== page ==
SAIC ready to go public
Employee-owned firm plans 2006 stock issue
- By John Moore
- Sep 12, 2005
SAIC IPO Information
Science Applications International Corp.'s history and management rigor will ease its transition from an employee-owned firm to a public company, according to industry observers who have watched the longtime contractor operate in the federal market.
SAIC plans to emerge as a publicly traded company early next year. On Sept. 1, officials filed the necessary paperwork with the Securities and Exchange Commission to clear the way for an initial public offering (IPO).
SAIC plans to raise as much as
$1.7 billion through the IPO, according to its registration statement. The company has yet to disclose the number of shares to be offered and their price.
"We need a change in our capital structure," said Ken Dahlberg, SAIC's president and chief executive officer, in a video address. He said the proceeds of the offering will enable the company to pay a special dividend to current shareholders, fund growth and provide the means to pursue acquisitions.
Raising capital from the public market will also ease internal demands for cash, Dahlberg said. SAIC has spent $2.5 billion in recent years to repurchase shares from private shareholders.
"We should be using our cash on hand and cash flows from operations to fund our organic growth as well as strategic acquisitions," Dahlberg wrote in a recent letter to employees and other shareholders.
The move to the public arena, with its quarter-to-quarter investor expectations, will present a new experience for the relatively quiet company. But it is prepared
for the pending shift. In addition, employees will continue to hold most of the
company's stock. SAIC has long prided
itself on being one of the nation's largest employee-owned companies.
"I'm sure [the IPO] will bring a change to the culture, but SAIC is very performance-driven today," said Larry Allen, executive vice president of the Coalition for Government Procurement.
SAIC is not a neophyte when it comes to financial accountability. Allen said the company has had to open its books for Defense Department auditors and, in that respect, may be better prepared for public status than the typical private company.
Ray Bjorklund, senior vice president and chief knowledge officer at Federal Sources Inc., said SAIC has already been exposed to the workings of the public market as an employee-owned company. It files quarterly financial statements with the SEC and reports annually on its employee stock-purchase plan.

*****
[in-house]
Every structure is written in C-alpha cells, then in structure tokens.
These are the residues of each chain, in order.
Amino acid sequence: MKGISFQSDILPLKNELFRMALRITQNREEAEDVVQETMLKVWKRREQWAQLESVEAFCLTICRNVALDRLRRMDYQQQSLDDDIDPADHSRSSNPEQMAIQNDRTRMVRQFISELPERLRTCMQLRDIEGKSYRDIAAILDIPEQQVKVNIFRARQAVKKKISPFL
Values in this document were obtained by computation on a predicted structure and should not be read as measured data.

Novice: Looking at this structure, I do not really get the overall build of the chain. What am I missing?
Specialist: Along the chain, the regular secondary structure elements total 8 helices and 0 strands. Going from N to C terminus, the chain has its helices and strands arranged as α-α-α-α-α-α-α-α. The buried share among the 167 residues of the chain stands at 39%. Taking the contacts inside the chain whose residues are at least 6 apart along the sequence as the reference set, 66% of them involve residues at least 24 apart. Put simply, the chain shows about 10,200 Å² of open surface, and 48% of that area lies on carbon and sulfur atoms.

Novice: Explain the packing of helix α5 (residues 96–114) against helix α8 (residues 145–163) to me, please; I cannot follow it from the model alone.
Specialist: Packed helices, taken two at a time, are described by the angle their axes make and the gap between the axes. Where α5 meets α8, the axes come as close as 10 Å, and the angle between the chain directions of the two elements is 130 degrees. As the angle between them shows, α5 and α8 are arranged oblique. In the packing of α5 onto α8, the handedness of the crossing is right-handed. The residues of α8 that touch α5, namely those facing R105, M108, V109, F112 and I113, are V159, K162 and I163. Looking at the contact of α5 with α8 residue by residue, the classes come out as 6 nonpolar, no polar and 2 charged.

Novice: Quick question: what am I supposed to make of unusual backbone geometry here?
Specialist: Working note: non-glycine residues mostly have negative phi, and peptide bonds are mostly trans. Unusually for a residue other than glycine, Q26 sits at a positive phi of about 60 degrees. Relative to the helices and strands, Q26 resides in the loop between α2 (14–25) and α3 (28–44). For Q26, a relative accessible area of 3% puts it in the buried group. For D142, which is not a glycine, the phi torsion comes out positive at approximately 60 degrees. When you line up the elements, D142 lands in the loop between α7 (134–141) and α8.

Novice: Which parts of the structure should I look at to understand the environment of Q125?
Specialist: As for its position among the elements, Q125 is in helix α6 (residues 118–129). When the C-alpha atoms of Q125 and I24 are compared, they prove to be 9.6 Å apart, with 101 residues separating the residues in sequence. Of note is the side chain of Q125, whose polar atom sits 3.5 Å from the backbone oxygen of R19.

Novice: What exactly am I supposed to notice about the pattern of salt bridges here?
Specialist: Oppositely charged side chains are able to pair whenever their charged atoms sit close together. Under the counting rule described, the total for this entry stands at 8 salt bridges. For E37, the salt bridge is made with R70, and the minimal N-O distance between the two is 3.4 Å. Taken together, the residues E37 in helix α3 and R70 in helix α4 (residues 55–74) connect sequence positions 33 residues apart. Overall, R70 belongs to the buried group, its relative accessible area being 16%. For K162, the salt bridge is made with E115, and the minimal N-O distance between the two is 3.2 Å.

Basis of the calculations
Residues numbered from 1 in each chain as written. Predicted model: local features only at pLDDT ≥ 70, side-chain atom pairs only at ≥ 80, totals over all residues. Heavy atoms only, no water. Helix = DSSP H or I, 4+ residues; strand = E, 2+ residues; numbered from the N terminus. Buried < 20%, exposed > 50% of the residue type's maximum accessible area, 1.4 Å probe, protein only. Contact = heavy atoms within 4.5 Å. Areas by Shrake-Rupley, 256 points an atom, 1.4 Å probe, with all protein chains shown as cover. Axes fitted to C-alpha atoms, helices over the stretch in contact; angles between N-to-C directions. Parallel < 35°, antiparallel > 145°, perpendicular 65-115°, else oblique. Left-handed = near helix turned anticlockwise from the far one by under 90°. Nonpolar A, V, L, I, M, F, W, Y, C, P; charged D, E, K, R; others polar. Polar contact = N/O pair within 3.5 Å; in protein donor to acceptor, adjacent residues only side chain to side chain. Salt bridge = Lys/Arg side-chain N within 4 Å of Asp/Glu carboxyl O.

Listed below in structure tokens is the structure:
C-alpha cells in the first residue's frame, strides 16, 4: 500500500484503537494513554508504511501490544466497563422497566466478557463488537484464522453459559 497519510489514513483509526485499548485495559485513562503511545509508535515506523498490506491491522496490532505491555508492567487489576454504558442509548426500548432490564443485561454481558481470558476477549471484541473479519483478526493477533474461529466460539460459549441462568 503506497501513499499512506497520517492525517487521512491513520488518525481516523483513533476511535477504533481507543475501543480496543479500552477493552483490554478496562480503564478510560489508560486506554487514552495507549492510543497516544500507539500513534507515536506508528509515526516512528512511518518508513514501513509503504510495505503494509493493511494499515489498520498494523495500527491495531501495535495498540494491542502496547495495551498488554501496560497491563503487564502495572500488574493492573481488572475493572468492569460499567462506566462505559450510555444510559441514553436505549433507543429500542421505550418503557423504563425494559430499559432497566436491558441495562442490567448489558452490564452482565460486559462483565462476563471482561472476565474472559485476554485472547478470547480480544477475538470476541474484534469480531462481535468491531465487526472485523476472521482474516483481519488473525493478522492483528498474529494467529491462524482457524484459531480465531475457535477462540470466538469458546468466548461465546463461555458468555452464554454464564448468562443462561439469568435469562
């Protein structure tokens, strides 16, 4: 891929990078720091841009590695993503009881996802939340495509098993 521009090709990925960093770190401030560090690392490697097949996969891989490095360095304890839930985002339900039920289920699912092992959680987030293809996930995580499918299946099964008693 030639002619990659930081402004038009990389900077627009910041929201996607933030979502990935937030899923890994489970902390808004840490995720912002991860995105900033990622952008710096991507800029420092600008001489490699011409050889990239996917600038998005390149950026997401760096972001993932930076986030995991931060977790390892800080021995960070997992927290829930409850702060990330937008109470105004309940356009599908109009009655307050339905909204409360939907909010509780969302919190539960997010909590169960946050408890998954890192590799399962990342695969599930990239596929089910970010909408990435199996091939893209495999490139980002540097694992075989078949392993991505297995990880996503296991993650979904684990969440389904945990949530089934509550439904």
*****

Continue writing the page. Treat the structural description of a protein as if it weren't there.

Preserving its heritage
To preserve its tradition of employee ownership, the company will create a separate class of preferred stock for pre-IPO shareholders. Dahlberg said employees will own 80 percent to 90 percent of the company's outstanding capital stock and will control "substantially all of the voting power."
According to a UBS Investment Research report, current SAIC shareholders will have 10 votes per share, while public shareholders will get only one vote per share.
That decision shows the company's intent
to gain an influx of capital from outside investors while not turning its back on tradition, Bjorklund said.
"They are certainly very sensitive to what might happen to their employee-owned culture," he said.
Shares of publicly available SAIC common stock will represent 10 percent to 20 percent of the company's outstanding shares.
Institutional investors, such as banks or government pensions plans, will likely play a strong ownership role in the company's common stock. Such investors "are increasingly interested in these kinds of companies," Bjorklund said. "SAIC may see an IPO as one mechanism that will work well to capitalize on that interest level from institutional investors."
Allen said investors should consider the government's stability when it evaluates companies such as SAIC. The federal government accounts for 86 percent of SAIC's revenue, according to its registration statement.
"The federal government market may not be [viewed] by the financial markets of New York as particularly glamorous, but it is certainly reliable, particularly for well-established firms such as SAIC," Allen said. "The federal government always pays its bills."
Broader effects are possible
Bjorklund said he doesn't expect an avalanche of federal contractor IPOs to follow SAIC's offering. Bjorklund and Allen said the pool of companies that could make such a move is fairly small.
But the income that results from SAIC's IPO could stimulate the federal mergers and acquisitions market, observers say.
"They haven't been shy about acquisitions even as an employee-owned company," said Robert Guerra, a partner at Guerra, Kiviat, Flyzik and Associates. He said the additional funding could fuel large acquisitions at SAIC.
Other observers believe SAIC's public expansion could also extend to the integrator's partners. Michael Beckley, vice president of product strategy at Appian, said the IPO is great news for partners and SAIC employees and customers. Appian, which specializes in business process management products and services, is one of SAIC's partners.
"SAIC markets, sells and supports the products of software partners like Appian, so we all grow together," Beckley said.**********Science Applications International Corp.
Revenue: $7.2 billion for the fiscal year that ended Jan. 31.
Growth rate: 23 percent increase compared with fiscal 2004's $5.8 billion.
Key government markets: National security, homeland security, health care, telecommunications, energy and space.
Contract vehicles: Applications 'N' Support for Widely Diverse End-User Requirements, Chief Information Officer Solutions and Partners 2 Innovations, Information Technology Omnibus Procurement, Millennia, Seat Management Phase II, Treasury Information Processing Support Services II and others.